Following a Period of Growth, Gains in Remodeling Spending are Projected to Dip in 2019

The construction industry has had its fair share of challenges following the 2008 crash. However, in the last 5 years, we have seen a change for the better, with growth and development improving across the board. Unfortunately, the domestic market has taken a hit, with the stagnation of real estate sales, increases in interest rates and a slow in the appreciation of house prices. Though the market continues to grow, the rate of growth has begun to show signs of slowing down, causing concern for industry professionals.

Growth rates as shown in the graphic

The graphic was created using data from the Leading Indicator of Remodeling Activity (LIRA), which focuses on owner-occupied spending, nationally, on repairs and improvements to houses in the short term. The data includes actual spending over the last 9 years, as well as projections for 2019.

To start with, 2010 indicated a home improvement and repair spending of $224.8 Billion. However, by 2011 spending had increased to $232B representing a 3.2% improvement from 2010. 2012 showed the smallest increase, overall, of only 1.2% with a total of $234.8B. But growth rallied in 2013 with a steep jump to the second highest growth in spending of 6.3% at $249.7B.

In 2014 spending slowed with an increase of only 5.9%, leaving total spending at $264.4B and in 2015 spending slowed further, increasing by only 5.1% leaving total spending at $278B.

However, by 2016 spending once again rallied with a leap of 6.2% which was maintained into 2017 creating totals of $295.2B and $313.6B respectively. However, it was 2018 that saw the strongest growth of 7.5% pulling spending up to 336.9%. New projections show spending in 2019 is set to fall again, with an increase of only 5.1% leaving the annual total at $354.2B.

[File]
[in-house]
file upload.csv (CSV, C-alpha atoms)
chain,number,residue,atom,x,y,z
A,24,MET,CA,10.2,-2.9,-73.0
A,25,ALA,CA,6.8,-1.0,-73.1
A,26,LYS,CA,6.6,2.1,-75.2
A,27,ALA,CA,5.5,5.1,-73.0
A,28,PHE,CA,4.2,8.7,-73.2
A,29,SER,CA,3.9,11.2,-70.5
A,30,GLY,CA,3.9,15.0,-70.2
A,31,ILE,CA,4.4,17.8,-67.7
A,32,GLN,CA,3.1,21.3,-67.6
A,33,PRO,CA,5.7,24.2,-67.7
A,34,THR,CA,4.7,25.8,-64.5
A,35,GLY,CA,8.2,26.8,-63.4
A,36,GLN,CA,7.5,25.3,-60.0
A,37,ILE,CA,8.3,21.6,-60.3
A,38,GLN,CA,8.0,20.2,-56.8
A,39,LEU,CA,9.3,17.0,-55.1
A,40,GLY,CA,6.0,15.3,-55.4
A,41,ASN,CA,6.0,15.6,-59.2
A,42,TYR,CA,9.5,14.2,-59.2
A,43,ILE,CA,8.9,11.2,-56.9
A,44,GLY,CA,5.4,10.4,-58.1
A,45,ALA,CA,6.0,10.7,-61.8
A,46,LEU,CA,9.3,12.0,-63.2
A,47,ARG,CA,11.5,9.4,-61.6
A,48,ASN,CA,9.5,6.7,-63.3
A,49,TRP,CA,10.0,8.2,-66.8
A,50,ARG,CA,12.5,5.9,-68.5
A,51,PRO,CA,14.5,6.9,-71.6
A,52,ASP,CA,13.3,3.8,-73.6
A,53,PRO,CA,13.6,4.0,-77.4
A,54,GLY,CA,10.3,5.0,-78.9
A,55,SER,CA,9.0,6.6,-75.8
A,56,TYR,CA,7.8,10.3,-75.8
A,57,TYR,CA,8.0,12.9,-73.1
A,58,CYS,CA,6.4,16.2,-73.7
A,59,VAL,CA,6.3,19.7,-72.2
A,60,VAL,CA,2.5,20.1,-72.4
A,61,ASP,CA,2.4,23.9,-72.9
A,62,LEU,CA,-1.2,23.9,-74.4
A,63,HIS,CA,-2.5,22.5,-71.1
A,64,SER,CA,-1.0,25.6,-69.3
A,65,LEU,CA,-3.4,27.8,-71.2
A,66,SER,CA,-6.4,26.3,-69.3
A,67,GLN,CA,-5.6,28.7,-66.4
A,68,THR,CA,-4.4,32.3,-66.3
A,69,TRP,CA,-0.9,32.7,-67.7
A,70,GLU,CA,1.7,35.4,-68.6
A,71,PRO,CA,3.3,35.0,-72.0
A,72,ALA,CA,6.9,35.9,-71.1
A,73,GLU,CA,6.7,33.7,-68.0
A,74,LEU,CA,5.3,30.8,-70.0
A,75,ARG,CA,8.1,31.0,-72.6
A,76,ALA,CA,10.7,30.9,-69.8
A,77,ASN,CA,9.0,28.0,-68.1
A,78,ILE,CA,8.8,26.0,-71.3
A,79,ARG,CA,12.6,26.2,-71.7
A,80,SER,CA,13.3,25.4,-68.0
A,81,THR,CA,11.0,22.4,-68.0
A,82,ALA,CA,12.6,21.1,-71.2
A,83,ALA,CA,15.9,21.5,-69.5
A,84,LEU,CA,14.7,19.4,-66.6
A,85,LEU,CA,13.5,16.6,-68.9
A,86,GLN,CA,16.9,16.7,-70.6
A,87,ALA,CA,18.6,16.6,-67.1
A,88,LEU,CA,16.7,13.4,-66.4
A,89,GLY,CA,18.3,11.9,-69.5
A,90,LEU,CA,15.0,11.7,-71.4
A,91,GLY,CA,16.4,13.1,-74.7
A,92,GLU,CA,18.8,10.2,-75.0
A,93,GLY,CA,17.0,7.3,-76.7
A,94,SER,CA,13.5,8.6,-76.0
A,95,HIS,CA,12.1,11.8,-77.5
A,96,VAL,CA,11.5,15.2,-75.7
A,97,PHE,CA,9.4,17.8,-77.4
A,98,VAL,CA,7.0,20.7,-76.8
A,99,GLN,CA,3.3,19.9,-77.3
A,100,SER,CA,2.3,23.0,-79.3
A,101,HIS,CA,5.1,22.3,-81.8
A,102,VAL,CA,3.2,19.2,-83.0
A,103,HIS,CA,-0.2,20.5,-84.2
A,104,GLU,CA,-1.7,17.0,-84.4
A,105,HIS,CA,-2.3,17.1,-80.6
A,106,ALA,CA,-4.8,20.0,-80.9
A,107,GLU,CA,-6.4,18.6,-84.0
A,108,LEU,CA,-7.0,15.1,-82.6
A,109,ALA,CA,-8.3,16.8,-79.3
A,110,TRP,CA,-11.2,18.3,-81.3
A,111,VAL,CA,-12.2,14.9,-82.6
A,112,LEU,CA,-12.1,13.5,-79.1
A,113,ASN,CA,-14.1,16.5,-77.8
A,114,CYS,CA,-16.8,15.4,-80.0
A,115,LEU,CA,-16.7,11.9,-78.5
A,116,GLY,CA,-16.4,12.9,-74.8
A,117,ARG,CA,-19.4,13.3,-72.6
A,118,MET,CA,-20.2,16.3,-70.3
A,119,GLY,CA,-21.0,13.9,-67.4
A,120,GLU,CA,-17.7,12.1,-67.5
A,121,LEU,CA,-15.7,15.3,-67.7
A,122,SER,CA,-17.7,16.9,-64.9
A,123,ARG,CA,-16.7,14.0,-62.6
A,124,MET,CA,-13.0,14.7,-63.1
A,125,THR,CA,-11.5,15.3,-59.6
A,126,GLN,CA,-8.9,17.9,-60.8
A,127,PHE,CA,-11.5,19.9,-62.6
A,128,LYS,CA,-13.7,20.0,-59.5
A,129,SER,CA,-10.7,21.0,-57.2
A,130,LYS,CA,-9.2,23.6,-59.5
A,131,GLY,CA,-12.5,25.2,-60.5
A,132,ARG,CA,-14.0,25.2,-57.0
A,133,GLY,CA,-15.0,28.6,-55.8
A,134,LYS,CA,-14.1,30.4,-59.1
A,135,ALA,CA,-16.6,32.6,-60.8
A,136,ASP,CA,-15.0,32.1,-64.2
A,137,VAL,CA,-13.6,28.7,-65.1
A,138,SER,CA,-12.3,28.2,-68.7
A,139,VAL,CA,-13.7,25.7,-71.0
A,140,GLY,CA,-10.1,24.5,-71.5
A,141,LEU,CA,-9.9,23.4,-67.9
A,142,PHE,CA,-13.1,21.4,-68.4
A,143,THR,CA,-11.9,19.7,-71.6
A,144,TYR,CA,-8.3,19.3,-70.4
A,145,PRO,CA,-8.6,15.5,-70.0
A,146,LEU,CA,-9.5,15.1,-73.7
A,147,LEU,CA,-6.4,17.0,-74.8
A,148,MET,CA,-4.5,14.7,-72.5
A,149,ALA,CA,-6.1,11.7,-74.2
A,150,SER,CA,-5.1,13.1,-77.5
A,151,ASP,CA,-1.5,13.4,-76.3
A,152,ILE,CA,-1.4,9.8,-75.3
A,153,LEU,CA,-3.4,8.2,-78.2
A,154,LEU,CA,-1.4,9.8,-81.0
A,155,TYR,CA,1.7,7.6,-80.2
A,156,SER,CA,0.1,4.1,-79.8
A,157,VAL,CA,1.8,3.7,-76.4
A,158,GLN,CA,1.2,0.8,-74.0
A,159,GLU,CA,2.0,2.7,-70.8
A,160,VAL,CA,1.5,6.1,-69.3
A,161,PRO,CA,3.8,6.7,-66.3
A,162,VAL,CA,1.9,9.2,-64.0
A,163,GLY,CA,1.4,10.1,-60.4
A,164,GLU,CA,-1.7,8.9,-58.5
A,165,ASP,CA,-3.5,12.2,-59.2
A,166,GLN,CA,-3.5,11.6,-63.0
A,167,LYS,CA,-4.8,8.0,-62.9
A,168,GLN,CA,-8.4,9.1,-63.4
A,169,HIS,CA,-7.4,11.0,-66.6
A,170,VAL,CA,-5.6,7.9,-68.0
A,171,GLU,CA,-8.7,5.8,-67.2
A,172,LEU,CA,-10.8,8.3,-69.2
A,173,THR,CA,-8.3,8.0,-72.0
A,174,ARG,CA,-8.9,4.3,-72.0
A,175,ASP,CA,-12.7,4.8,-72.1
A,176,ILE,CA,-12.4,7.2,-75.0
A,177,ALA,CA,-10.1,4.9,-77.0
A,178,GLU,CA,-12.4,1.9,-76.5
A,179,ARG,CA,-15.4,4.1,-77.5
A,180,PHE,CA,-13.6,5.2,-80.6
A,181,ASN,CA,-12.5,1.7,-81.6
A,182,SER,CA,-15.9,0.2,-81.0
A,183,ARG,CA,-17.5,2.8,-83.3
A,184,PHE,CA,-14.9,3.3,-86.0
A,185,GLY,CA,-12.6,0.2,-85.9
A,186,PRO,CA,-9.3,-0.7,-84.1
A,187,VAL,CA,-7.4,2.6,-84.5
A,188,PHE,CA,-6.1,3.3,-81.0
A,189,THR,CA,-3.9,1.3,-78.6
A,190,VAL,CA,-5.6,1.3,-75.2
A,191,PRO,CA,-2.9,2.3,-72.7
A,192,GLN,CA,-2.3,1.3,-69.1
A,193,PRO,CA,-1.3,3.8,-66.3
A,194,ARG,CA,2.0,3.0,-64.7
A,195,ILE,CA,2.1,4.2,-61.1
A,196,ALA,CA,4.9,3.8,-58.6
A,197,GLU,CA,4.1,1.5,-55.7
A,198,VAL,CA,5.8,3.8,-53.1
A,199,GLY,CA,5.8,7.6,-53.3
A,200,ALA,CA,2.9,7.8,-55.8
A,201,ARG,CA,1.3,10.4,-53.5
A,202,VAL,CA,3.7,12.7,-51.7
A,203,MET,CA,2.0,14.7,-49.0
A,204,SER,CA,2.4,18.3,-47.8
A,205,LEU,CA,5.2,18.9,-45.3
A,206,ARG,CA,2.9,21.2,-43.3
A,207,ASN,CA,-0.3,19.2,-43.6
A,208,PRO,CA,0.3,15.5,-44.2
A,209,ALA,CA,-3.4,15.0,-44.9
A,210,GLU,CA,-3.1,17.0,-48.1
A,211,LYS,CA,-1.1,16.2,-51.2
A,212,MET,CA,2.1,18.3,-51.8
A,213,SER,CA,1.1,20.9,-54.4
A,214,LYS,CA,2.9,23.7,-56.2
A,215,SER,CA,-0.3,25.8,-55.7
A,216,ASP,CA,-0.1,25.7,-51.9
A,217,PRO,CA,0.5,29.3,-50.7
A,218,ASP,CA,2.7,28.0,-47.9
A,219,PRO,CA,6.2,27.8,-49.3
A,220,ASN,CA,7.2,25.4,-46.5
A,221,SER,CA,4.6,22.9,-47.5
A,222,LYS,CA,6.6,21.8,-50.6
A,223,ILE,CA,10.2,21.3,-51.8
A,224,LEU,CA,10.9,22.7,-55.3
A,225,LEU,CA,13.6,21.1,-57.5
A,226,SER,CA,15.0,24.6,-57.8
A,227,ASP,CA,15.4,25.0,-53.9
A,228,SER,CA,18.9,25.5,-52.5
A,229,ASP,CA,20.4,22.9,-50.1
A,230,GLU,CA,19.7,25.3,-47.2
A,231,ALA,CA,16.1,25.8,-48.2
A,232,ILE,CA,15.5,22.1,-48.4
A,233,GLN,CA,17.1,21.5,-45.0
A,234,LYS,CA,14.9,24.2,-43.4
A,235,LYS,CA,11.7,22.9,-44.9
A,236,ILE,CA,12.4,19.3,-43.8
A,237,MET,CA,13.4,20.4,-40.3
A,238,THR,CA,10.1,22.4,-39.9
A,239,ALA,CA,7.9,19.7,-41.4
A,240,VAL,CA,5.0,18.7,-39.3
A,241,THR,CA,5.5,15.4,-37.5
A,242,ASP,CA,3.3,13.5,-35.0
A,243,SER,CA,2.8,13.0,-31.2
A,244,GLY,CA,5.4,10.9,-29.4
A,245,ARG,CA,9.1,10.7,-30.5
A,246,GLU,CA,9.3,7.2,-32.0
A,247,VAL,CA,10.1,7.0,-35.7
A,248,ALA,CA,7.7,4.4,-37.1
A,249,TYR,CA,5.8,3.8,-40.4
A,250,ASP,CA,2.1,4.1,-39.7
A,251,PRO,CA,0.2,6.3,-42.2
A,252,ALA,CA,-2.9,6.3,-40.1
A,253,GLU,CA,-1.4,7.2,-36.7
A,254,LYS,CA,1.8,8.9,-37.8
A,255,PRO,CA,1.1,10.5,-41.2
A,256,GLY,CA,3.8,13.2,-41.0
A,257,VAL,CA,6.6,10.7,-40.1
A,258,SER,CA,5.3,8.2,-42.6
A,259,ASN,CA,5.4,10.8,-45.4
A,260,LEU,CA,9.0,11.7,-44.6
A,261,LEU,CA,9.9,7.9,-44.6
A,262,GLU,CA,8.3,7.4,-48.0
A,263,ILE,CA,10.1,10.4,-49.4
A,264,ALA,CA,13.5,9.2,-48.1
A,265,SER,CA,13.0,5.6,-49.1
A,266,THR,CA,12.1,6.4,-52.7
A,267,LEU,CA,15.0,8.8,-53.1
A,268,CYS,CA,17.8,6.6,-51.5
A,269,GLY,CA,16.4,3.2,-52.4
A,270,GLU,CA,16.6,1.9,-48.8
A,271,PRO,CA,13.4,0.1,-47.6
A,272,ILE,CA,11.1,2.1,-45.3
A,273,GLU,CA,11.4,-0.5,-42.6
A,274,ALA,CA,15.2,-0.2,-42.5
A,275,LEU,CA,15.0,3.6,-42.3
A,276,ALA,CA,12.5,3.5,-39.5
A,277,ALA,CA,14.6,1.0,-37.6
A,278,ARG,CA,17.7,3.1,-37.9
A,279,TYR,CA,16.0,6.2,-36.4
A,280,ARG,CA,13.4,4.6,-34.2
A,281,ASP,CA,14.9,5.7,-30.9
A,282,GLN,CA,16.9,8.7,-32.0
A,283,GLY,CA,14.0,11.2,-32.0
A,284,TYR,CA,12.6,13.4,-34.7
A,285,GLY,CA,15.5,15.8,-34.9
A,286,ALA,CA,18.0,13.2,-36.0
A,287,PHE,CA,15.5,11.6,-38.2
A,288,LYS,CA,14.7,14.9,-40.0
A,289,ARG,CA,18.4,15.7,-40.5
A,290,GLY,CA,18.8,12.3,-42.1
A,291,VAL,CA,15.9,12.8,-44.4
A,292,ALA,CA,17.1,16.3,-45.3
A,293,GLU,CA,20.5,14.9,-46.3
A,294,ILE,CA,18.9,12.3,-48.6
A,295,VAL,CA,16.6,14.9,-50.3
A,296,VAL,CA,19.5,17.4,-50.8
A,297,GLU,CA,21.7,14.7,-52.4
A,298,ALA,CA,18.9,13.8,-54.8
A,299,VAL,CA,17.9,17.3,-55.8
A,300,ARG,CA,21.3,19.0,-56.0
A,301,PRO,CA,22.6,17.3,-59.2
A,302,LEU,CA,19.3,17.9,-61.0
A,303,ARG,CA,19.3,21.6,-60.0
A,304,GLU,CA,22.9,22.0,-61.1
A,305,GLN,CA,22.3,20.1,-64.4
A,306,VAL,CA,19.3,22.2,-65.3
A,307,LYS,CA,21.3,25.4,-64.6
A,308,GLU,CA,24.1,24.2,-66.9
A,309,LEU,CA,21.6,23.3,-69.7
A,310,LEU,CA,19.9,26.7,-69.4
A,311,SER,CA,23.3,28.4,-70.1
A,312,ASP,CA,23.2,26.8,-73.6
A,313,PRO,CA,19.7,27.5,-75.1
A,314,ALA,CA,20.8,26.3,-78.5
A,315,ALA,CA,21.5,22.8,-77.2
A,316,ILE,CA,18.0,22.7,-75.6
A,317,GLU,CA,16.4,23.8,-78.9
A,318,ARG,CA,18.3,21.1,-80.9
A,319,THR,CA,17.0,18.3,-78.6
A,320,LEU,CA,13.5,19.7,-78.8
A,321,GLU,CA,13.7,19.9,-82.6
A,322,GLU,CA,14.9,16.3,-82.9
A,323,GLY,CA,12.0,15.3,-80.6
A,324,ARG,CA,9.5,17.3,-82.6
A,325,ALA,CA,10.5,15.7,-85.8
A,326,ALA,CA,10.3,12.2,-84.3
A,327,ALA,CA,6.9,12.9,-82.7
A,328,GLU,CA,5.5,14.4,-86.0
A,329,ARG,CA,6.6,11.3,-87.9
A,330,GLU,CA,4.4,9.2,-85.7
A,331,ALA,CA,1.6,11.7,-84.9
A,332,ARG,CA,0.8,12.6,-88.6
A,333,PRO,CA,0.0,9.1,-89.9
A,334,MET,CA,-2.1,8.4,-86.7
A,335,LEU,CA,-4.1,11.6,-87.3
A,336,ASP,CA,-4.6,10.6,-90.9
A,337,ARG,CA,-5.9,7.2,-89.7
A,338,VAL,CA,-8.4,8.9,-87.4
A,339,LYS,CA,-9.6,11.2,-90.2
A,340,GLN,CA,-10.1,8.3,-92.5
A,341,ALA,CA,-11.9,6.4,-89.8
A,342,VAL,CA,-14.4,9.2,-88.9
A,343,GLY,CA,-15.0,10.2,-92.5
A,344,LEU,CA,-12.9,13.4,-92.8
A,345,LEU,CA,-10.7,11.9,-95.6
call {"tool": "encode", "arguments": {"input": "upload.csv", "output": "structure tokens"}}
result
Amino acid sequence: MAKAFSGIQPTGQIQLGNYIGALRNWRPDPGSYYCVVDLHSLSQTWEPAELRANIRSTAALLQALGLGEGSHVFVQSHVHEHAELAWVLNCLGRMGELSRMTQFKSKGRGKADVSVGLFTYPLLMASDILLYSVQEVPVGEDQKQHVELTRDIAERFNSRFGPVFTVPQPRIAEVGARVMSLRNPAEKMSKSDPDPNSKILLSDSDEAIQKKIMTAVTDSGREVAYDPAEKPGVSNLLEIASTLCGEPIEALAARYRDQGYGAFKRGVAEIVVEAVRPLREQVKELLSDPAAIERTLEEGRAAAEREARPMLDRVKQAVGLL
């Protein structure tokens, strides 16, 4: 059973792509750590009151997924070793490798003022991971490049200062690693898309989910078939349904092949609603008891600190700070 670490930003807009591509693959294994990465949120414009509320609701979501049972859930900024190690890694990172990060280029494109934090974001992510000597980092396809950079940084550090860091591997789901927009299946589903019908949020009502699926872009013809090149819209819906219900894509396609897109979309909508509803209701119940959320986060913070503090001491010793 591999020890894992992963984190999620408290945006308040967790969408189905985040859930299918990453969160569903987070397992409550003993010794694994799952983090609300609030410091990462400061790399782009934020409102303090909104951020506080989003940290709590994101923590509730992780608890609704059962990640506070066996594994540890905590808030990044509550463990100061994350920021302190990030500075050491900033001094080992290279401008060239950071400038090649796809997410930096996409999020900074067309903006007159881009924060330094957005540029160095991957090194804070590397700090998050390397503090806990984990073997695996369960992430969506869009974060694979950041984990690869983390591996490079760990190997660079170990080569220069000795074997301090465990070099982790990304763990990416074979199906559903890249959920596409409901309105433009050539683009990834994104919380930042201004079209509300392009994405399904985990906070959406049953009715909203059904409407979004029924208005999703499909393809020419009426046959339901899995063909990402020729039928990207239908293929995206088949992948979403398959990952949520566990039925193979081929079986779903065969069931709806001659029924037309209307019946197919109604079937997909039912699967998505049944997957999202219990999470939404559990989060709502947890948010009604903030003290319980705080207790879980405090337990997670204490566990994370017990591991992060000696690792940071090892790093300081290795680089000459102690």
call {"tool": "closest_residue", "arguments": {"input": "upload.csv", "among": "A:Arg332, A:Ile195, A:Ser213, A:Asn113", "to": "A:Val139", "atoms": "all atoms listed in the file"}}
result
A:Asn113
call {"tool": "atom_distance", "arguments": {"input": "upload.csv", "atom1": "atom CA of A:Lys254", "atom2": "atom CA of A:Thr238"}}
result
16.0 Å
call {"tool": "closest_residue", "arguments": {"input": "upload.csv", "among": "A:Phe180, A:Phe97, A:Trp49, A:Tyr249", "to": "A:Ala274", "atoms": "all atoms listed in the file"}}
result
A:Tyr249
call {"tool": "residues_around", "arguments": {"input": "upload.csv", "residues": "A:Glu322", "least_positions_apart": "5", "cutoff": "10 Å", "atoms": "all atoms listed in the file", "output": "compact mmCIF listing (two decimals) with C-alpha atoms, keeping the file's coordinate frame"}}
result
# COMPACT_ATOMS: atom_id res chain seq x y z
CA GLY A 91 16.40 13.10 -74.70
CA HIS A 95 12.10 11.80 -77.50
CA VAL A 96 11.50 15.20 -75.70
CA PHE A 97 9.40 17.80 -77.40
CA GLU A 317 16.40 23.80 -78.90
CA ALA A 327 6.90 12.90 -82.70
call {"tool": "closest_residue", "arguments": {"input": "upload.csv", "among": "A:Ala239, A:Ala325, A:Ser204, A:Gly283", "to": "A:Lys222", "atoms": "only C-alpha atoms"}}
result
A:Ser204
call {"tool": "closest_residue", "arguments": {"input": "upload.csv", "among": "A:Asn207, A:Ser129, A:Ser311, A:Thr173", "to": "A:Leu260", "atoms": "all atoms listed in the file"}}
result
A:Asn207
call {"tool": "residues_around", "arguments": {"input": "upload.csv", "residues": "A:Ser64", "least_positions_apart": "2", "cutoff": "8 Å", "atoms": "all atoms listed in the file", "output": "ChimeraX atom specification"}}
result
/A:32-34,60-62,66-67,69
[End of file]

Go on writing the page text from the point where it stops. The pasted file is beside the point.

What the figures mean in the housing market

Looking at the numbers, there are two key points of interest, the 2011-2012 low point and the 2018 highpoint in spending on domestic repairs and renovations. When looking at the country as a whole, it is not surprising that 2011-2012 had the lowest increase in renovation spending, as that was pretty much congruent with the economic downturn that was bottoming out in the country at the same time. As the economy started to strengthen, however, so too did home improvement spending. 2013 saw the initial boost of an improving economy, however, by 2018 real disposable income had increased by 0.6% and when disposable income booms, so too does spending, leading to that distinct high point in the spending graph.

Though a drop is predicted for the end of 2019, growth will remain positive. This maintains the upward trajectory for remodeling spending that began in 2009, following the 2008 housing crash. The projected dip may be a result of the stagnating housing market. Initially, increasing income rates and improving housing prices lead to activity in remodeling - increasing sales prices is a common inspiration for remodeling. However, now the market seems to have gone too far, with buyers unable to afford inflated home prices and mortgage rates, leading to a slow in sales and therefore, renovations. In fact, Credit Suisse analysts describe the situation as an air pocket caused by the decrease in remodeling urgency.

Of course the term ‘air pocket’ suggests this is a temporary situation, however, something will need to change in the housing market, if sales are to be revived. Odetta Kushi, senior economist for First American, and Danielle Hale, chief economist for Realtor.com, are in agreement, Millennials may provide the jump-start the housing market needs. Both predict that the coming of age of this segment of the population will mean they are eager to invest in first or even second homes, and given improved income rates, they will be the ones who can afford it.

Keep looking forward

As mentioned, remodeling spending is still projected to increase, if at a slower rate than in previous years. If the Millenials are in fact going to pull the US housing market out of the doldrums, then the construction industry should be prepared and internal improvements also need to be made. For instance, the labor shortage issue still needs to be resolved, to ensure renovations can be completed as demand increases. Perhaps this slow in growth could be utilized to train up new workers so that when the air pocket pops, the construction industry is ready.